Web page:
Thursday, April 9, 2009

We Left, But Our Corners Didn't!

Hello Ladies. Welcome to the mansion this evening.

Have you ever arrived at your new "mansion" and found that several of your pieces of furniture lost their corners along the way? Somehow that bookcase lost a complete edge or corner....Somehow your mantle lost a big wooden hunk.... This happened to us a few months ago. Luckily we did not need to use those pieces of furniture here at the rental mansion. However, we are wanting to use them at the next place. So....what to do? Should we buy new furniture to replace the broken ones? NOOOOOOOOOO. Then what? Ladies....let me introduce you to Joint Compound. It is a wonderful goo that comes in a bucket like the one above. You can buy it at Walmart or Lowe's. It is really cheap, lasts forever, and you can do oodles of thing with it.

Like I said, we lost two corners on this move. So, I grabbed the joint compound, stirred it up with a plastic knife, and started slapping it on the broken furniture. It has the consistency of thin play doh. You just use the plastic knife or your fingers and mold a new corner or edge.

Here is the bookcase with the new corner. It takes a good day or two for the joint compound to dry. In this case, the bookcase was raw wood. So, we painted it black after I fixed the corner. Here is the mantle with the compound on it. The mantle was already black, so we just painted it again. And wala..... You can also use joint compound to create a frieze, or raised stencil, on your walls. Here is a pic of that.... With this project, you place the stencil on the wall and wipe joint compound over the stencil with a spatula. Remove the stencil and let it dry. Here is a great craft using joint compound. Start with a clay pot. Smash up some old china or tiles. Smear the joint compound on the pot in a small area. Place pieces of the china or tile into the compound. Work your way around the pot in the same fashion. Let it dry. This can also be done with tile adhesive to hold the tile and then grout to fill in.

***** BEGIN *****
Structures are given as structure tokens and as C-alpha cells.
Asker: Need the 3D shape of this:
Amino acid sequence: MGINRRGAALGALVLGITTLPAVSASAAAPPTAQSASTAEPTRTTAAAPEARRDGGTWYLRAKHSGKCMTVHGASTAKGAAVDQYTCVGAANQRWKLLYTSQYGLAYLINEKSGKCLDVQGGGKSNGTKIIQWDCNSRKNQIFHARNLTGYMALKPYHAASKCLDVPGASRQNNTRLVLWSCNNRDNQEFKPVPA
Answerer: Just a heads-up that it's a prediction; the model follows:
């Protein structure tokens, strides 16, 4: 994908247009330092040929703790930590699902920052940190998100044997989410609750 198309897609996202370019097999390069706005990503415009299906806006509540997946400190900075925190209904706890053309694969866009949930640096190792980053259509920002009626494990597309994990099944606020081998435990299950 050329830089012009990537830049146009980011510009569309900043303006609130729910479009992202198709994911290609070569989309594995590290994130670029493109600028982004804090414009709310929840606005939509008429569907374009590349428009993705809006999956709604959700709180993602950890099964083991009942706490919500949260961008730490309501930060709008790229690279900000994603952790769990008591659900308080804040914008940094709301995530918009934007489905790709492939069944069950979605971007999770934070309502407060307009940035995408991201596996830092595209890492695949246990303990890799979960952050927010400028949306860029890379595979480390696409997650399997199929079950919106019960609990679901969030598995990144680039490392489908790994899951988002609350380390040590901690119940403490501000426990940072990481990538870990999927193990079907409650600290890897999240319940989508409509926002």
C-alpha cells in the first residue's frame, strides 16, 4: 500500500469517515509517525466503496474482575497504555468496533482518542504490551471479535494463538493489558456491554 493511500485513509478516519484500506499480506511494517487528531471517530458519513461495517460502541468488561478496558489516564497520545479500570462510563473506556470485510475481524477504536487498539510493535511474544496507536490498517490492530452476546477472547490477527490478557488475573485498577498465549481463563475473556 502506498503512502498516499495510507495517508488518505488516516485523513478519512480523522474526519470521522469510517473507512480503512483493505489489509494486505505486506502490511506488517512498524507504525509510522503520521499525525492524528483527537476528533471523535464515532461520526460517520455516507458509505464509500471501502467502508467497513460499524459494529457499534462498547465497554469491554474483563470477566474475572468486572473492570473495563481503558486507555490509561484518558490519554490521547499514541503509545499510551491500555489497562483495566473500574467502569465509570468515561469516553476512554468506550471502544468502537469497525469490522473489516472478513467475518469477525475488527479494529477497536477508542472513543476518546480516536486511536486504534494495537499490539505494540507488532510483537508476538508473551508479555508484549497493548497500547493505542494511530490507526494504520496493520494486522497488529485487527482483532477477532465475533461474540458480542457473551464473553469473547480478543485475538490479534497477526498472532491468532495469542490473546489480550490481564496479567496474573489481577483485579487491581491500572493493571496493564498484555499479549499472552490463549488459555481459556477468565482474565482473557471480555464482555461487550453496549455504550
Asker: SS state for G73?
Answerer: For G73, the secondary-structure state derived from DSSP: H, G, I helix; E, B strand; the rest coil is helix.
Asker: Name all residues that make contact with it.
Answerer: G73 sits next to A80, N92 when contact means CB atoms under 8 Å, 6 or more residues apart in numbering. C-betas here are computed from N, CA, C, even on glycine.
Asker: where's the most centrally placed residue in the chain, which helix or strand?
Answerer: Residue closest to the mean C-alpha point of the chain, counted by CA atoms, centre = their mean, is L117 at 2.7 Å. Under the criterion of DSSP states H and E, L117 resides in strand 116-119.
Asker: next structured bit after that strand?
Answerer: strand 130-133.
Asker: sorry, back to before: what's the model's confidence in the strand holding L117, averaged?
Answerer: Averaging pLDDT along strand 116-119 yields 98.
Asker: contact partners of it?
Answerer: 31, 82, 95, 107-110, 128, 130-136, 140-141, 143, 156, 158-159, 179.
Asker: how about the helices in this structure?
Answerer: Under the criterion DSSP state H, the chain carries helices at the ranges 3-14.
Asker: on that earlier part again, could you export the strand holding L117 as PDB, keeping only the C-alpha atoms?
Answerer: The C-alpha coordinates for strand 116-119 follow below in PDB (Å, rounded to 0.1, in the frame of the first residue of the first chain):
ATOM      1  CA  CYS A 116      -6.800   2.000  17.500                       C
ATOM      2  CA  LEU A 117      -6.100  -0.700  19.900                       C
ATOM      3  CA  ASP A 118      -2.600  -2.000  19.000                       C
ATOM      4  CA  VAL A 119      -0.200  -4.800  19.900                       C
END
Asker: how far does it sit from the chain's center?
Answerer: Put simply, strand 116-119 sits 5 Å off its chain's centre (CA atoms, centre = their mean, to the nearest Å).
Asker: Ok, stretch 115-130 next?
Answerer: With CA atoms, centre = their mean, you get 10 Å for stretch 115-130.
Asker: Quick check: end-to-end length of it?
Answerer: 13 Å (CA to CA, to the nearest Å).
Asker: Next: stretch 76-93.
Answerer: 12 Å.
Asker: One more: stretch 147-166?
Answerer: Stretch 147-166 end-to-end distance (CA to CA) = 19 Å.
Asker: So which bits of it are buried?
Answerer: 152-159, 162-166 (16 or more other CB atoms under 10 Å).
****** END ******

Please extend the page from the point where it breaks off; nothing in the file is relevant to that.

This is my VERY FAVORITE use of joint compound. These are faux snowballs. I am going to make a zillion of them for our Christmas tree this year. Start with a styrofoam ball. Roll it in the joint compound until you like the look. Let it dry. Spread some mod podge or glue on the snowball and roll it in glitter. Let it dry. Hot glue a ribbon on top. There ya go....gorgeous snowballs.
So, if you lose a corner, if you want a frieze, if you want a new flower pot, or if you need a snowball, grab your vat of joint compound and get busy. Enjoy. Laura


  1. What a cute crafty blog! I'm going to be spending some time here checking things out! Lots of ideas here!

  2. Love it! I was thinking about making a snowball wreath using styrofoam balls covered in faux snowflakes, but I was worried about shedding snowflakes all I'm going to use this idea to do it! You're awesome...Thanks!

  3. AH-MAY-ZEENG! All this time I have been using that stuff to build walls and plugs holes in them! Who knew??

  4. Wow! I love all the things you can do with that stuff. That's a cool trick! I'm gonna tuck that one away for future reference! Thanks!

  5. Thanks to all of you for taking time to check out the blog. Love seeing you all here. Laura


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